All I can say is WOW! Here’s an example of where a company that couldn’t compete for employees on wages but was able to compete with the “big boys” by offering a targeted “perk.”
True Lead Times
The second presentation was near and dear to my heart as it focused on reduced true lead-times. In this case, the lead-time reduction involved asset turnover and how it could positively impact cash flow, sometimes to the point of where companies are able to finance their business solely on cash flow. If you think about it, this idea aligns very closely with the concept of true lead-time reduction.
The presenter first offered up a series of operational questions and invited audience participation in answering them. It turns out most people could provide the correct “theoretical” answers. On the other hand, when the presenter would ask, “how many of your companies are operating along the lines of that answer,” there were a lot of embarrassed faces.
The presenter went on to offer strategies attendee companies could use for increasing their asset turnover, which is the key to improving cash flow. In talking to attendees after the presentation—mostly SMEs—I learned that that this perspective was new to many of them and that they would consider applying it to their own operations.
The IABI should be commended for putting together this conference. Based on my experience, I believe Iowa-based manufacturers should make themselves aware of and consider participating in future such events.
The day after this conference, I was invited to visit the University of Northern Iowa’s Metal Casting Center. Simply put, I was awed by what I saw. A couple of weeks ago I included in an article a comment along the lines that SMEs—as opposed to OEMs--were slower to adopt new technology due to the investment cost. To address this, the Metal Casting Center has developed new mold development technology that pays for itself over a very short term. There is not enough room in a multi-topic column to discuss this Center in detail, so I plan to dedicate an entire future column to what this organization has—and is—accomplishing up in Cedar Falls, Iowa.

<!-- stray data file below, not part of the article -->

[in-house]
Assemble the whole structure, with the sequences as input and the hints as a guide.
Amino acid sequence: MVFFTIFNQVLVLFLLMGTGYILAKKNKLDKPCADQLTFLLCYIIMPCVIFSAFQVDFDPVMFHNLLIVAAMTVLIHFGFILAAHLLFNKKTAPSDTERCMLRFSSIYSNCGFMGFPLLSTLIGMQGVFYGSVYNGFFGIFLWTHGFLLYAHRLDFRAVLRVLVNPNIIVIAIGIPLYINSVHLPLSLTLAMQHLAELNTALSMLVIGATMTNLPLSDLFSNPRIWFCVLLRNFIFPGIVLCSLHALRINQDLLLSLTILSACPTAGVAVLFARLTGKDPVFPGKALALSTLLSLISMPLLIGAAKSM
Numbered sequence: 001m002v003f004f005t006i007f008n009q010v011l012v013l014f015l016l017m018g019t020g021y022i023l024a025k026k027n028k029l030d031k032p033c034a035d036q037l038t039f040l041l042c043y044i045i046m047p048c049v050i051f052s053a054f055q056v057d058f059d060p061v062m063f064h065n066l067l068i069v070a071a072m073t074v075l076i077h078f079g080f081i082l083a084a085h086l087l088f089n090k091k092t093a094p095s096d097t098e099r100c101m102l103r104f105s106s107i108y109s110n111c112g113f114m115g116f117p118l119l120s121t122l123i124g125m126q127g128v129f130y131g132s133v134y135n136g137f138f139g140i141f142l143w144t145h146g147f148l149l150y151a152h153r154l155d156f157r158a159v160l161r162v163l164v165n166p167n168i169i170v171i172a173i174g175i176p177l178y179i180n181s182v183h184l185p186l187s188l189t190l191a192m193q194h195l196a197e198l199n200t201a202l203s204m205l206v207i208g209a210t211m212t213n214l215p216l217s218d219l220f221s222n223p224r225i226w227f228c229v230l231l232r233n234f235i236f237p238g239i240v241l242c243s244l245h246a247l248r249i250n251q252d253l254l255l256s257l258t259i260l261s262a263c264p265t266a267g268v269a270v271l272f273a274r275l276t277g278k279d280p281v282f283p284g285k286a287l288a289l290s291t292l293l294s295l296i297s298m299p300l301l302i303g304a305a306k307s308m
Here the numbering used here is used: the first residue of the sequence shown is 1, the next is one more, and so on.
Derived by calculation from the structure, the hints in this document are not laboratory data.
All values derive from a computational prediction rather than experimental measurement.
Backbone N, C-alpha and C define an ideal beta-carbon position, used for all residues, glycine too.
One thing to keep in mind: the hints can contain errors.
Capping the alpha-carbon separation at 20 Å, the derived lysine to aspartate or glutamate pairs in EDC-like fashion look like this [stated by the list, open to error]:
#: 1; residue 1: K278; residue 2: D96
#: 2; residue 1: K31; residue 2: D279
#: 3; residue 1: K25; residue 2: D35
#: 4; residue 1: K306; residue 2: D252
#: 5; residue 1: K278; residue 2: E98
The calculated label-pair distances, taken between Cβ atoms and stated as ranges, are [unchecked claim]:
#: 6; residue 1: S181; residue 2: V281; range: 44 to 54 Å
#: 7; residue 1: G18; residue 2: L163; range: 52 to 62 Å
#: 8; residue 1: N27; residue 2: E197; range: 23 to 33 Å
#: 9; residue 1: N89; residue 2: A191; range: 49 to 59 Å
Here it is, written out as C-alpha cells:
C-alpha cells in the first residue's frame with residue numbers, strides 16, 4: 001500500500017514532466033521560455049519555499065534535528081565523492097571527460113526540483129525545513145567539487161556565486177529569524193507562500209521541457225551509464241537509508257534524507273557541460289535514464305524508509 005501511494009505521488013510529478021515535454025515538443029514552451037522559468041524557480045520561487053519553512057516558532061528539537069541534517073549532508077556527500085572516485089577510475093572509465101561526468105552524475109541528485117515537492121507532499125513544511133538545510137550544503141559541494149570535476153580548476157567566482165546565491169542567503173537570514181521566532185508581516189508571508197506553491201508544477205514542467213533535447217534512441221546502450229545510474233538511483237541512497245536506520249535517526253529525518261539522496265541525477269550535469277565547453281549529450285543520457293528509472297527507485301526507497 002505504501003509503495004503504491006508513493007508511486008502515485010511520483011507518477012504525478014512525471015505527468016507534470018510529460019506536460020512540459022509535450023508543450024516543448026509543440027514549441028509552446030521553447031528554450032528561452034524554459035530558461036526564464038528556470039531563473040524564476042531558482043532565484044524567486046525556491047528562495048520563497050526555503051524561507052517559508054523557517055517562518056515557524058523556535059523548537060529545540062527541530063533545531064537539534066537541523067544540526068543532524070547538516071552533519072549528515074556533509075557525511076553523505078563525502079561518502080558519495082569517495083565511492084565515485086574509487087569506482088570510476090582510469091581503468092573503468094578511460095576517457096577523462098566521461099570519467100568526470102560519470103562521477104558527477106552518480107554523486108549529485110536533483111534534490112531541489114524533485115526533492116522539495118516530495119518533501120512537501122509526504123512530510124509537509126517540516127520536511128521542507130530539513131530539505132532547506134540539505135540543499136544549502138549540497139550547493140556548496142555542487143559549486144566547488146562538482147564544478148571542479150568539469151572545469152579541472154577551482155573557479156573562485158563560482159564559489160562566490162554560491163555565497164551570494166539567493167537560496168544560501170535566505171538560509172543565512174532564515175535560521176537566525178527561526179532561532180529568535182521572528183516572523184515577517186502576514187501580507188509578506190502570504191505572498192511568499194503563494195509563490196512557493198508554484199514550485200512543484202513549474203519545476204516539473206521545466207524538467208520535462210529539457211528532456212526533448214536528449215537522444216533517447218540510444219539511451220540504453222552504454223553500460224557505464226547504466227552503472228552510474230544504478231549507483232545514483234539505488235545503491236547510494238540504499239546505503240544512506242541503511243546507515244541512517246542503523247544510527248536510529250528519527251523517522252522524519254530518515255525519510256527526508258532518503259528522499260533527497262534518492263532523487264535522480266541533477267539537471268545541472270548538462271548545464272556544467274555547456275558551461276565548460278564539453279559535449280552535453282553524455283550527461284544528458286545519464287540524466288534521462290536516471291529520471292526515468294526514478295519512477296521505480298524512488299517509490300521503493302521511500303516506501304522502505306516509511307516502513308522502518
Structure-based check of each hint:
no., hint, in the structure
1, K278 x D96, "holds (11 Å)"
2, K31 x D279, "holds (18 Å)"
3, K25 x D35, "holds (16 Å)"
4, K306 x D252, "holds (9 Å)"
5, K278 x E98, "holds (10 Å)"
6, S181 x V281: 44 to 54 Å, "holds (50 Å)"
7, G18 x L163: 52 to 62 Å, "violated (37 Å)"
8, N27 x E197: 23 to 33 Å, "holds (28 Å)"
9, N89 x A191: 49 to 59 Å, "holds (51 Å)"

The following week, I went to the annual North American Carbon Dioxide (CO2) Conference in Indianapolis (which I’ll talk about in a future column), and then joined a colleague on a pre-installation visit involving gas storage related products at a manufacturer that I once had responsibility for purchasing from. In fact, 20 years or so ago I had sponsored a successful six-month supplier development engagement at the plant. It turns out that the “inside” person my friend was working with on his project was the same guy I had worked with back-in-the-day.
Anyway, rather than getting straight to the matter at hand, I was given a detailed tour of the factory to see how it had grown and changed over the years, all the time my sharing stories about “the old days”. My colleague wasn’t (too) put out by this, and seemed to be impressed by the relationship we had established all of those years ago. It was great to see how successful this company had been in the meantime.
For an old guy like me, the above represents a pretty busy schedule. But from my perspective, it certainly was worth it.
Paul Ericksen is IndustryWeek’s supply chain advisor. He has 38 years of experience in industry, primarily in supply management at two large original equipment manufacturers.